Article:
F1 teams to follow FIA’s lead for Russian Grand Prix

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As concerns about the planned Russian Grand Prix continue to grow, Formula 1 teams have said that they will follow the FIA’s guidelines and lead for the race in October.

The first Russian GP in 100 years is set to take place on October 12th at the Sochi International Street Circuit, which has been built around the Winter Olympics complex in the city. However, following the Crimean crisis and the recent MH17 disaster, there have been some concerns about the viability of the race.

Bernie Ecclestone has said that he sees no reason why the race should not go ahead, as have the organizers in Sochi. When asked about the matter in a press conference yesterday, the team principals said that they would follow the stance taken by the sport’s governing body, the FIA.

“Obviously what’s going on in Russia and that part of the world at the moment is of huge concern to everybody,” Claire Williams of Williams Martini Racing said. “But we’ve always said as a sport we try to disengage from taking a political angle on these things.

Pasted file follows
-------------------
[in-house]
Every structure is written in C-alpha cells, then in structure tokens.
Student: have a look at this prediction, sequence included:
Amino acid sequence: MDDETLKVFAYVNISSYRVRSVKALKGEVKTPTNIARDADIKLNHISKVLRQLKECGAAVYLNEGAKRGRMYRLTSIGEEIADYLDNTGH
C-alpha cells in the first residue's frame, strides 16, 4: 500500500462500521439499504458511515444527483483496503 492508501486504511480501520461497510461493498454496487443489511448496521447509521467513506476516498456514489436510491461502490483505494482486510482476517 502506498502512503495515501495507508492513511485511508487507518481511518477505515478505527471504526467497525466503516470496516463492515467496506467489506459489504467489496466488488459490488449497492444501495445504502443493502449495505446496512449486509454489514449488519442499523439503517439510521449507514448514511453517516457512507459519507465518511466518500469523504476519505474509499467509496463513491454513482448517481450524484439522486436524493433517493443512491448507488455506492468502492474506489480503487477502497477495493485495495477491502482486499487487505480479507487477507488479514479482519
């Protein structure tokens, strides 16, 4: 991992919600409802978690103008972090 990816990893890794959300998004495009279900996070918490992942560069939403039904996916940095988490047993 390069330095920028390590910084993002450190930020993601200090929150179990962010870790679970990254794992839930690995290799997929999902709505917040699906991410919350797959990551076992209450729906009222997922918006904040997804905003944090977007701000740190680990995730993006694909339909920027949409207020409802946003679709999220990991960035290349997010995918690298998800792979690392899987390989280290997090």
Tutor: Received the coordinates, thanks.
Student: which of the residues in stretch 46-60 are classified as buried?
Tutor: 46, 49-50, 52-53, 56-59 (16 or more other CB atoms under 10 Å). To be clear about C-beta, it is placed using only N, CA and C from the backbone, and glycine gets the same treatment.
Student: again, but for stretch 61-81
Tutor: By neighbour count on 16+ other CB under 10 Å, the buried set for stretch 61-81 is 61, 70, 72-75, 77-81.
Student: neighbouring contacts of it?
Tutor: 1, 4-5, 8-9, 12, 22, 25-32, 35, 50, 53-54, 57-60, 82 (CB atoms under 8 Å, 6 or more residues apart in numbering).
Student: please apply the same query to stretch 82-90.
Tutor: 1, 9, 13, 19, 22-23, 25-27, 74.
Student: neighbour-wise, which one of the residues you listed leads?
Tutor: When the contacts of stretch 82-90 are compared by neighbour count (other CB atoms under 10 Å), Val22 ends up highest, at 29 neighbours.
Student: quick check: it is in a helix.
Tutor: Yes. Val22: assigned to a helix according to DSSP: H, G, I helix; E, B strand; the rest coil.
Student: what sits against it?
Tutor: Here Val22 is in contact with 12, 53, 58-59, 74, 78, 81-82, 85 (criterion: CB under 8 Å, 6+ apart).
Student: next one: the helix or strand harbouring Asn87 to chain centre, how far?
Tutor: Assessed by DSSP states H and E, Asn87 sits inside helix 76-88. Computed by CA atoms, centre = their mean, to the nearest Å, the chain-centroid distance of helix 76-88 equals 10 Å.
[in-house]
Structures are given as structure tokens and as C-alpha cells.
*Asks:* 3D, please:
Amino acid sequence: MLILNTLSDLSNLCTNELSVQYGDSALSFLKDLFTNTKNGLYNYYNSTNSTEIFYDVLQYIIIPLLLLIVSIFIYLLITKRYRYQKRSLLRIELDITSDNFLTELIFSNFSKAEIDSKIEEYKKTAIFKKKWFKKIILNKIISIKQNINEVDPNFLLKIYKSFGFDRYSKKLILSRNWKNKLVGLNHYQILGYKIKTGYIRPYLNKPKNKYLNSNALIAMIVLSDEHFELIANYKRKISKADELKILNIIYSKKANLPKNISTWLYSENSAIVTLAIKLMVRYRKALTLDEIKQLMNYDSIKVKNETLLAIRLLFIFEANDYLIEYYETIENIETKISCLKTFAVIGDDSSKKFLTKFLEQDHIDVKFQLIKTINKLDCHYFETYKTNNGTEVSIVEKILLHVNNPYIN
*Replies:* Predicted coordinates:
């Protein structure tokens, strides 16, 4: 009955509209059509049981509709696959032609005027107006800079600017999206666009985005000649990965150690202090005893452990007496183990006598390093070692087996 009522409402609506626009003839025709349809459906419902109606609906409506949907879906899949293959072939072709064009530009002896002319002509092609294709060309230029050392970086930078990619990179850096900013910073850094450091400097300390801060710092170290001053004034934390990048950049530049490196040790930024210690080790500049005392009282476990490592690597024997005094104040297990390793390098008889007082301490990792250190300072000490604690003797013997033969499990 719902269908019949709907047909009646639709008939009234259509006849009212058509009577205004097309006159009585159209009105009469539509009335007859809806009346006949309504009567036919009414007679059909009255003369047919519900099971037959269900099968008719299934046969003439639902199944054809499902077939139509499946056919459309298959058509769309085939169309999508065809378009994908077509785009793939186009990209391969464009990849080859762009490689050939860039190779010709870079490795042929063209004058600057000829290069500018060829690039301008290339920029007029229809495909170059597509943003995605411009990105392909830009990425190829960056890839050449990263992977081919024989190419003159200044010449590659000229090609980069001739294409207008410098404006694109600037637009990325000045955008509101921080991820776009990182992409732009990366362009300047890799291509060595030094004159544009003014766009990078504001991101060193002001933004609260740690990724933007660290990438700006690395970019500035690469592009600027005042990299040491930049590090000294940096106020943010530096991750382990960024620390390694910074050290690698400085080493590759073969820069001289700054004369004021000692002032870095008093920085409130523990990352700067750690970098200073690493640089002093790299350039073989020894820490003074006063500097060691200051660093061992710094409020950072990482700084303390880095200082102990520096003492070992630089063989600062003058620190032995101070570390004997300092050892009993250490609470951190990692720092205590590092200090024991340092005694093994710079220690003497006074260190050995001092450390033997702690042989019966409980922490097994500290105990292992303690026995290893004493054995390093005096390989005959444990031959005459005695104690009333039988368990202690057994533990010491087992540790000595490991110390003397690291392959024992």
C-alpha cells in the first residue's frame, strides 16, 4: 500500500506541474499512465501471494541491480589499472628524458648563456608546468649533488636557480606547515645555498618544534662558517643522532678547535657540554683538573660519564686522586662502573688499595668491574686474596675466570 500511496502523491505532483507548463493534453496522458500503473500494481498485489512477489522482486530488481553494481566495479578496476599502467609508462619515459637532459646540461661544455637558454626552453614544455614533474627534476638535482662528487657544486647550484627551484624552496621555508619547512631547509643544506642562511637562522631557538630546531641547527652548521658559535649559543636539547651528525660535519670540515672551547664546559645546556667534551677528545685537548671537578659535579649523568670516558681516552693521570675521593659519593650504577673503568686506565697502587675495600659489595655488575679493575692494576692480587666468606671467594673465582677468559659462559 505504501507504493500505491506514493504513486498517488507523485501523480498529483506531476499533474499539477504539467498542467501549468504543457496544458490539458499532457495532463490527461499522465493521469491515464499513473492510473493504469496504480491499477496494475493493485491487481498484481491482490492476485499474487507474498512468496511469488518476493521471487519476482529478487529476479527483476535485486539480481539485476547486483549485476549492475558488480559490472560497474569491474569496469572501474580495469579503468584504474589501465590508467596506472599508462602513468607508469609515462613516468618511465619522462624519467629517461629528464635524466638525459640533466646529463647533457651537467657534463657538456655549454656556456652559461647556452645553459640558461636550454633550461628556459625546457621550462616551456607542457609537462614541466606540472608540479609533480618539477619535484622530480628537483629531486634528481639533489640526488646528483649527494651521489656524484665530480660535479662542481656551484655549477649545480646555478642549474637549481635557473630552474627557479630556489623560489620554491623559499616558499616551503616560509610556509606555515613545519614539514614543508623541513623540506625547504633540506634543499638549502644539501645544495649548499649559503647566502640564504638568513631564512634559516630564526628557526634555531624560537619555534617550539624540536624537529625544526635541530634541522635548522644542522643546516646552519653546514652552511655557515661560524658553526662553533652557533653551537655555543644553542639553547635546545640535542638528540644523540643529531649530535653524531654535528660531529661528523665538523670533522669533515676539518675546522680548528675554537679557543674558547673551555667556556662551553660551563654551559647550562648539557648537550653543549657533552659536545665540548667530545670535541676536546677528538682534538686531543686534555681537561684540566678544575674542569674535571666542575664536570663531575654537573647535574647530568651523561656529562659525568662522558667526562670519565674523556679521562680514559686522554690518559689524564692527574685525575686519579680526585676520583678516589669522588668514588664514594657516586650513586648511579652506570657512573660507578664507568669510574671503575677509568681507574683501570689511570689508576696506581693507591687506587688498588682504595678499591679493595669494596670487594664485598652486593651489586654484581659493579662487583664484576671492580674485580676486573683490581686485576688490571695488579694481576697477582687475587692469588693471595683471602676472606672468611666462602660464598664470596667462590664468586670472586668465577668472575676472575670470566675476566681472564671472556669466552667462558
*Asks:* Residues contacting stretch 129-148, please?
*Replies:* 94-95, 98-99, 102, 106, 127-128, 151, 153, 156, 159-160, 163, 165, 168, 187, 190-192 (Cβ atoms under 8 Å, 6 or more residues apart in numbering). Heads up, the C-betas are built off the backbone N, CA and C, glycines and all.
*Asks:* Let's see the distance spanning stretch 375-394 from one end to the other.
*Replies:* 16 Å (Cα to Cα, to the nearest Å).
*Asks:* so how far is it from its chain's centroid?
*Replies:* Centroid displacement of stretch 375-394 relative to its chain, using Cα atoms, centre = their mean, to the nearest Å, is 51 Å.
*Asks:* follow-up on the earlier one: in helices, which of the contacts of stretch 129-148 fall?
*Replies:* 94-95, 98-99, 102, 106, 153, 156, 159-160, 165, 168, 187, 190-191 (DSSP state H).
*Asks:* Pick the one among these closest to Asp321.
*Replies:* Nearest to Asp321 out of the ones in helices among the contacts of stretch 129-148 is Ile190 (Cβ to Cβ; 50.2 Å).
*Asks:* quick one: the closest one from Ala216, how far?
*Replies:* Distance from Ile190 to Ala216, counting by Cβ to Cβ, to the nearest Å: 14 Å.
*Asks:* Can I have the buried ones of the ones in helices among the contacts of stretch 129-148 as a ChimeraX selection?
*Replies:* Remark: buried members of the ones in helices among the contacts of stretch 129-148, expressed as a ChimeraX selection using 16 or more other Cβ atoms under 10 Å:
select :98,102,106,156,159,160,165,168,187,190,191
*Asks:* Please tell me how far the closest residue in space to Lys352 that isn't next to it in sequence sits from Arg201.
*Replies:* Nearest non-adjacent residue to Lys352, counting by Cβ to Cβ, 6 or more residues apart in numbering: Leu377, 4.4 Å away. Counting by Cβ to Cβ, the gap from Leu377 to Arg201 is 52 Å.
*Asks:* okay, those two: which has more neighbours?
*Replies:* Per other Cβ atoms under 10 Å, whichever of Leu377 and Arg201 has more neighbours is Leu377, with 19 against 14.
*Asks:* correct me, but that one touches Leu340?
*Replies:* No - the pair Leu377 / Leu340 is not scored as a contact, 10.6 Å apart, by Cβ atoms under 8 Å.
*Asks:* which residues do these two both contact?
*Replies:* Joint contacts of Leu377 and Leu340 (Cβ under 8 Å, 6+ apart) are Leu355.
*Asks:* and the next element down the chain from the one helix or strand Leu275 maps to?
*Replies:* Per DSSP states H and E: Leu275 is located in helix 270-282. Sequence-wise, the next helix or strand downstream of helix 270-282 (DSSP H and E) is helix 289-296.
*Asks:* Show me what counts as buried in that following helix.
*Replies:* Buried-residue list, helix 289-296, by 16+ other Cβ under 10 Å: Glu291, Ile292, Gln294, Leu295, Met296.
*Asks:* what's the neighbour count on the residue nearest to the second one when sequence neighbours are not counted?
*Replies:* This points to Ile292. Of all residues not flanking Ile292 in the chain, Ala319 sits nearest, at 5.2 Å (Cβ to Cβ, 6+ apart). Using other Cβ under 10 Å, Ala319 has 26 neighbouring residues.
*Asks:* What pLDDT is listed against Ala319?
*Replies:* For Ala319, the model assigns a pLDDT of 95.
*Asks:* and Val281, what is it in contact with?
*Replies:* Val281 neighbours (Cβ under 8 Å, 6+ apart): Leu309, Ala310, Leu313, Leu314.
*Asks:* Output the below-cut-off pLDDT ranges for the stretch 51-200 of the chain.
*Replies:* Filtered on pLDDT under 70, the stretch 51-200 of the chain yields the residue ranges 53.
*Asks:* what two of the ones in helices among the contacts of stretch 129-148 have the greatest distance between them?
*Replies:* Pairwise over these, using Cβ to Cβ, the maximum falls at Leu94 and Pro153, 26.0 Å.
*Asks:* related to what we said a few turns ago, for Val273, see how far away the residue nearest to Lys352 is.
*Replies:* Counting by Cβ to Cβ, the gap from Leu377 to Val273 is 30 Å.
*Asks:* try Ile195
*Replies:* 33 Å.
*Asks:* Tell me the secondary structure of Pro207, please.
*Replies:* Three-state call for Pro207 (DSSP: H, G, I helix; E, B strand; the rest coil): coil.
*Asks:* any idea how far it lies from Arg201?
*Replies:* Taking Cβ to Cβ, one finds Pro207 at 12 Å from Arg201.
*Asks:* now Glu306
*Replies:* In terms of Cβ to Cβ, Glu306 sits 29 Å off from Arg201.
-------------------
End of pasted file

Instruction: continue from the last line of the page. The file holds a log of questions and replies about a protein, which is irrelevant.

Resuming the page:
“Here the FIA is the governing body of our sport, they issue a calendar and we have to take our direction from them and at the moment, the race is still on the calendar.”

Her sentiments were echoed by Force India team owner Vijay Mallya and Sauber team principal Monisha Kaltenborn.

“Well something similar occurred in Bahrain and we followed the FIA’s directive or recommendation,” Mallya said. “I think I agree with Claire. It’s up to the FIA to guide us and we all follow what the FIA guidance is.”

“I absolutely agree with that,” Kaltenborn added. “We have to rely on the governing body and commercial rights holder. They’re the ones who have the responsibility and we will do as they say, like we’ve done in the past.”

The most recent cancellation of a grand prix came in 2011 when trouble in Bahrain flared up. The decision was taken by the FIA to cancel the event, and this was followed by the teams. In 2012, the race went ahead despite lingering concerns, but it was the FIA’s call to make; it appeared to be the correct one as the race went ahead with few problems.